Stephen King was born in Portland, Maine, on September 21, 1947. After graduating with a Bachelor's degree in English from the University of Maine at Orono in 1970, he became a teacher. His spare time was spent writing short stories and novels. King's first novel would never have been published if not for his wife. She removed the first few chapters from the garbage after King had thrown them away in frustration. Three months later, he received a $2,500 advance from Doubleday Publishing for the book that went on to sell a modest 13,000 hardcover copies. That book, Carrie, was about a girl with telekinetic powers who is tormented by bullies at school. She uses her power, in turn, to torment and eventually destroy her mean-spirited classmates. When United Artists released the film version in 1976, it was a critical and commercial success. The paperback version of the book, released after the movie, went on to sell more than two-and-a-half million copies. Many of King's other horror novels have been adapted into movies, including The Shining, Firestarter, Pet Semetary, Cujo, Misery, The Stand, and The Tommyknockers. Under the pseudonym Richard Bachman, King has written the books The Running Man, The Regulators, Thinner, The Long Walk, Roadwork, and Rage. King is one of the world's most successful writers, with more than 100 million copies of his works in print. Many of his books have been translated into foreign languages, and he writes new books at a rate of about one per year. In 2003, he received the National Book Foundation Medal for Distinguished Contribution to American Letters. In 2012 his title, The Wind Through the Keyhole made The New York Times Best Seller List. King's title's Mr. Mercedes and Revival made The New York Times Best Seller List in 2014.
Author Peter Straub was born in Milwaukee, Wisconsin in 1943. He earned degrees in English from the University of Wisconsin and Columbia University. He taught English at his former high school for three years and worked for a time on his doctorate in Ireland. He began writing in 1969 and published two books of poetry in 1972. His novel Julia (1975) was an attempt to find a successful genre in which to work, after his first novel, Marriages (1973), did not sell well. He found that he had a talent for writing horror thrillers in the Gothic tradition. His stories are complex and well paced, with authentic settings that add to the believability of the plot. He is particularly good at creating grotesque characters and gruesome situations; the eeriness of his work is captivating. He has won numerous awards including the British Fantasy Award, the Bram Stoker Award, and the World Fantasy Award.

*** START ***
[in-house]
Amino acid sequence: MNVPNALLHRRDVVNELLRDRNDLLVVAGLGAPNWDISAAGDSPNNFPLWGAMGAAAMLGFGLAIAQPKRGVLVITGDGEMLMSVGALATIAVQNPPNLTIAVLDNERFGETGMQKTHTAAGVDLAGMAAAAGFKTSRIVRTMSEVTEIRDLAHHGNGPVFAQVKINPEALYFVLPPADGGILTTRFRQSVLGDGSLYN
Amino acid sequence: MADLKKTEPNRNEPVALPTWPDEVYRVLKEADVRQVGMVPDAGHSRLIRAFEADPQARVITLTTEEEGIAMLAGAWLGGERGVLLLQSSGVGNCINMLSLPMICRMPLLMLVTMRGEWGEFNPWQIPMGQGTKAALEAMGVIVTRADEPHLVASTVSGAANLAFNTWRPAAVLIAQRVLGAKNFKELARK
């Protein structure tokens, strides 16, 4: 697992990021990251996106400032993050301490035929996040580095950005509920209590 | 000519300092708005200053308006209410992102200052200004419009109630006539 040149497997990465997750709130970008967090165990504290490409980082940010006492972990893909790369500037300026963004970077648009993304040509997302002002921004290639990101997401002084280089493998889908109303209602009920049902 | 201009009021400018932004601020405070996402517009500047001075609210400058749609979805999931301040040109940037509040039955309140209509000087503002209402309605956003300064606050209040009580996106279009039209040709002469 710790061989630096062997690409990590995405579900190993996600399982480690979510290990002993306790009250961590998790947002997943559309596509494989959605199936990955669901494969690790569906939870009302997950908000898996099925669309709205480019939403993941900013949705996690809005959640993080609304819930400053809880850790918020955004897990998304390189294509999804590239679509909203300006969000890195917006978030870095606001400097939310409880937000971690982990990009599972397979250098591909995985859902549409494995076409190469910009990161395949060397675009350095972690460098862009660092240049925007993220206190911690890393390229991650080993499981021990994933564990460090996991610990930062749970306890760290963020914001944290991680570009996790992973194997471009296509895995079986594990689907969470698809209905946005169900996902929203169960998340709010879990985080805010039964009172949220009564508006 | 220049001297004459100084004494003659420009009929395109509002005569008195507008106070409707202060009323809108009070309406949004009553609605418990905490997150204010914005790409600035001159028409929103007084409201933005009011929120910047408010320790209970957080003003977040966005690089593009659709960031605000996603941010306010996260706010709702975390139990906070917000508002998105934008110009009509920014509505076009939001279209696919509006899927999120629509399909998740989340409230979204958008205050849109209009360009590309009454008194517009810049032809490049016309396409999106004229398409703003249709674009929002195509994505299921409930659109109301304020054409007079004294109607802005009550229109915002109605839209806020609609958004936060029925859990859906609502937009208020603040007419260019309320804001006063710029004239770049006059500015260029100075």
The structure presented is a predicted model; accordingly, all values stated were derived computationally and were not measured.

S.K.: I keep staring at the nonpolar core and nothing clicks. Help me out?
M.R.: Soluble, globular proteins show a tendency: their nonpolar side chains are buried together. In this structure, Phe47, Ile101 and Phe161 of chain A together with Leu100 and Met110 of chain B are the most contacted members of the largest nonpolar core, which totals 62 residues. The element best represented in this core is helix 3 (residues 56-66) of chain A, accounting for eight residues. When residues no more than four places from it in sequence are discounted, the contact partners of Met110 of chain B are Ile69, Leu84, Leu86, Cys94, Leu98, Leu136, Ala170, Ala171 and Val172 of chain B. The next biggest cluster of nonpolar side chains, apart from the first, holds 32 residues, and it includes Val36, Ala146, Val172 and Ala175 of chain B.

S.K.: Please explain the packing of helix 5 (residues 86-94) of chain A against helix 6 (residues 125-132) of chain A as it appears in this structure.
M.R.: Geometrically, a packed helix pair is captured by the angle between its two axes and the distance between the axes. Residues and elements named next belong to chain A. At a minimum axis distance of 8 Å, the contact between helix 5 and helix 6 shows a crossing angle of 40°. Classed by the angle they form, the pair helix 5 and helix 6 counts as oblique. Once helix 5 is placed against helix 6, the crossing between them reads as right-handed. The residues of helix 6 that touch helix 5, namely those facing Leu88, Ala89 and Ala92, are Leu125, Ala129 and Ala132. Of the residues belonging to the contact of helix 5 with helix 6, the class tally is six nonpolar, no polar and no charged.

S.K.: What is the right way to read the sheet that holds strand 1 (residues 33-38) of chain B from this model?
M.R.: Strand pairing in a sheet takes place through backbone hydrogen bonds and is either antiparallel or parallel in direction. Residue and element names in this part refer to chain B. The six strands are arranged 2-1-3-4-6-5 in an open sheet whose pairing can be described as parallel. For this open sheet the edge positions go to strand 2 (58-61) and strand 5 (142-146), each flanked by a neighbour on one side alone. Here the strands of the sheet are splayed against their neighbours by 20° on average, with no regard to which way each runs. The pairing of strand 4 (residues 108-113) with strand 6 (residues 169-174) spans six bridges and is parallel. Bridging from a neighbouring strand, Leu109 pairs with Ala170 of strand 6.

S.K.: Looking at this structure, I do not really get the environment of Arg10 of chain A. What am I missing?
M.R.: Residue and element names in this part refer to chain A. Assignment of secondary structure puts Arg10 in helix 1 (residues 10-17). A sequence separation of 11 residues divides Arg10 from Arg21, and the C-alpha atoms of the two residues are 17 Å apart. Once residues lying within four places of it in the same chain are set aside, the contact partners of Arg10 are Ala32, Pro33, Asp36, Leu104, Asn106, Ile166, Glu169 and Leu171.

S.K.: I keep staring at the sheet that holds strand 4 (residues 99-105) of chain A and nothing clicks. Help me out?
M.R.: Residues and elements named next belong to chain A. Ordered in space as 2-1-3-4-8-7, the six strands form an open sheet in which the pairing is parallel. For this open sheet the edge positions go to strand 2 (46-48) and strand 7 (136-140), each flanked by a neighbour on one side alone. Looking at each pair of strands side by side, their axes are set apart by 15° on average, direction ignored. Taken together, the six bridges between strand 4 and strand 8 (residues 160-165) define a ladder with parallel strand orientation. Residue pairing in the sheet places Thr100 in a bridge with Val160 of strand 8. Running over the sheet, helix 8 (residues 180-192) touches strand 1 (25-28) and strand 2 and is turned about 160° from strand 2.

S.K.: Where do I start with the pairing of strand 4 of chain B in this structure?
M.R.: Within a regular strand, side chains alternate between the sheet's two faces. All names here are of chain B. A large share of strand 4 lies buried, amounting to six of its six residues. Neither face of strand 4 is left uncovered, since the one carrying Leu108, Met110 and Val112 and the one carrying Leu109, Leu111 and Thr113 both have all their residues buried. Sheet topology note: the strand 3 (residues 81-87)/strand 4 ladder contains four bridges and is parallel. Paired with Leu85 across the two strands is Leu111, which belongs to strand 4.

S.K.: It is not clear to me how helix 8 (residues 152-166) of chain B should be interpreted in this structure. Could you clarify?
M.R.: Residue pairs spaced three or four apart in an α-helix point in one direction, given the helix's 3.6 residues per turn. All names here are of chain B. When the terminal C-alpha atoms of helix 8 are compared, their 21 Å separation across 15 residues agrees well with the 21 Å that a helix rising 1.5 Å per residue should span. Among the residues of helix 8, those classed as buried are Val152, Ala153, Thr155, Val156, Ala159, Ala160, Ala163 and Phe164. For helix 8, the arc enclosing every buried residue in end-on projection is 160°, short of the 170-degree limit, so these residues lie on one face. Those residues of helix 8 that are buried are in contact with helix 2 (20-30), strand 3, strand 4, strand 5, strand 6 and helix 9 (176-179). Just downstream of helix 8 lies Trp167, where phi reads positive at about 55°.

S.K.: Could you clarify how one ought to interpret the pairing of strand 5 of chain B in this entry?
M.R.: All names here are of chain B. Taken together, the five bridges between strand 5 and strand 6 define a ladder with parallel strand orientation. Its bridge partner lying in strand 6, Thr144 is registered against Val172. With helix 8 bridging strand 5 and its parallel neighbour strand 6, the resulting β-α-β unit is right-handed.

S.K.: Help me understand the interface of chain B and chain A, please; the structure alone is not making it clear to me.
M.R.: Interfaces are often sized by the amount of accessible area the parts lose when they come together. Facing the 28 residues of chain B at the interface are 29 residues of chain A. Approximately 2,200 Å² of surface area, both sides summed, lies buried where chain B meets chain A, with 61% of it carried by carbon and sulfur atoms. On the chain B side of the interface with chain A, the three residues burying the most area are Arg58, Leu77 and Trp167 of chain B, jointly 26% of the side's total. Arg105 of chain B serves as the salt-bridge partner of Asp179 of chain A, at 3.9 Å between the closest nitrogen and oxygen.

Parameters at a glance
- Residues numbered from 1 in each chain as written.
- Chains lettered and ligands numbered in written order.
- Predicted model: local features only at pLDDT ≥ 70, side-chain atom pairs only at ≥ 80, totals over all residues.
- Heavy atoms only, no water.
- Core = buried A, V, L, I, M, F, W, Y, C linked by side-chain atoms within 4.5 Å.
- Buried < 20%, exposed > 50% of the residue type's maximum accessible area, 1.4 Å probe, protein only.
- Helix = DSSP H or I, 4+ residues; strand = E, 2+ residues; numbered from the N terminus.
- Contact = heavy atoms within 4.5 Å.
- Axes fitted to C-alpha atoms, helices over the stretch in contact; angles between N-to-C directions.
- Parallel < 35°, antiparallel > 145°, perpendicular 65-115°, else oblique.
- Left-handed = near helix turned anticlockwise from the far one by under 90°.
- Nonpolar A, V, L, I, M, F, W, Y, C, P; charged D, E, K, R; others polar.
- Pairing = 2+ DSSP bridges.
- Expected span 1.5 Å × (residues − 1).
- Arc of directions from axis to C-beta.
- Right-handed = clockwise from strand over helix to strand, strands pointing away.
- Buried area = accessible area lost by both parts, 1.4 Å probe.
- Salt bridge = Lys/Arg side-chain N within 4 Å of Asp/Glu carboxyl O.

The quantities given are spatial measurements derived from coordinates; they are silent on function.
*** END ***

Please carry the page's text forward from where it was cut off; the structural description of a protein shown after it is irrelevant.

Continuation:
Mark W. Baldwin, PhD, received his doctorate in 1984 from the University of Waterloo and held postdoctoral fellowships at the Research Center for Group Dynamics at the University of Michigan and the Clarke Institute of Psychiatry at the University of Toronto. He then spent several years pursuing an opportunity to cowrite and cohost the award-winning children's television series Camp Cariboo. Returning to academia, Dr. Baldwin taught and researched psychology at the University of Winnipeg for 8 years before assuming his current position, in 1998, in the Department of Psychology at McGill University in Montreal. Along the way, he served as Chair of the Social and Personality section of the Canadian Psychological Association and Associate Editor of the Personality and Social Psychology Bulletin, and coauthored (with Rick Hoyle, Michael Kernis, and Mark Leary) the book Selfhood: Identity, Esteem, Regulation. His major research interests include interpersonal cognition, self-esteem, and adult attachment theory. Most recently, Dr. Baldwin and his students have been exploring the possibility of designing computer-based exercises to modify maladaptive automatic social cognition and have established the website www.selfesteemgames.mcgill.ca to report this research.Ellen Datlow is the editor of science fiction, fantasy, and horror anthologies. She was the fiction editor of Omni magazine and Omni Online from 1981-1998. Then she was the editor of the webzine Event Horizon: Science Fiction, Fantasy, and Horror from September 1998-December 1999. She has won the World Fantasy Award seven times, the Bram Stoker Award twice with her co-editors and the Hugo Award for Best Editor in 2002 and 2005. She currently lives in New York City and edits fiction for Scifi.com. In 2011 she was given the Life Achievement Award by the Horror Writers Association.She is a long time trustee of the Horror Writers Association. She has been the co-host of the Fantastic Fiction reading series at the KGB Bar since 2000, a series which features luminaries and up-and-comers in speculative fiction.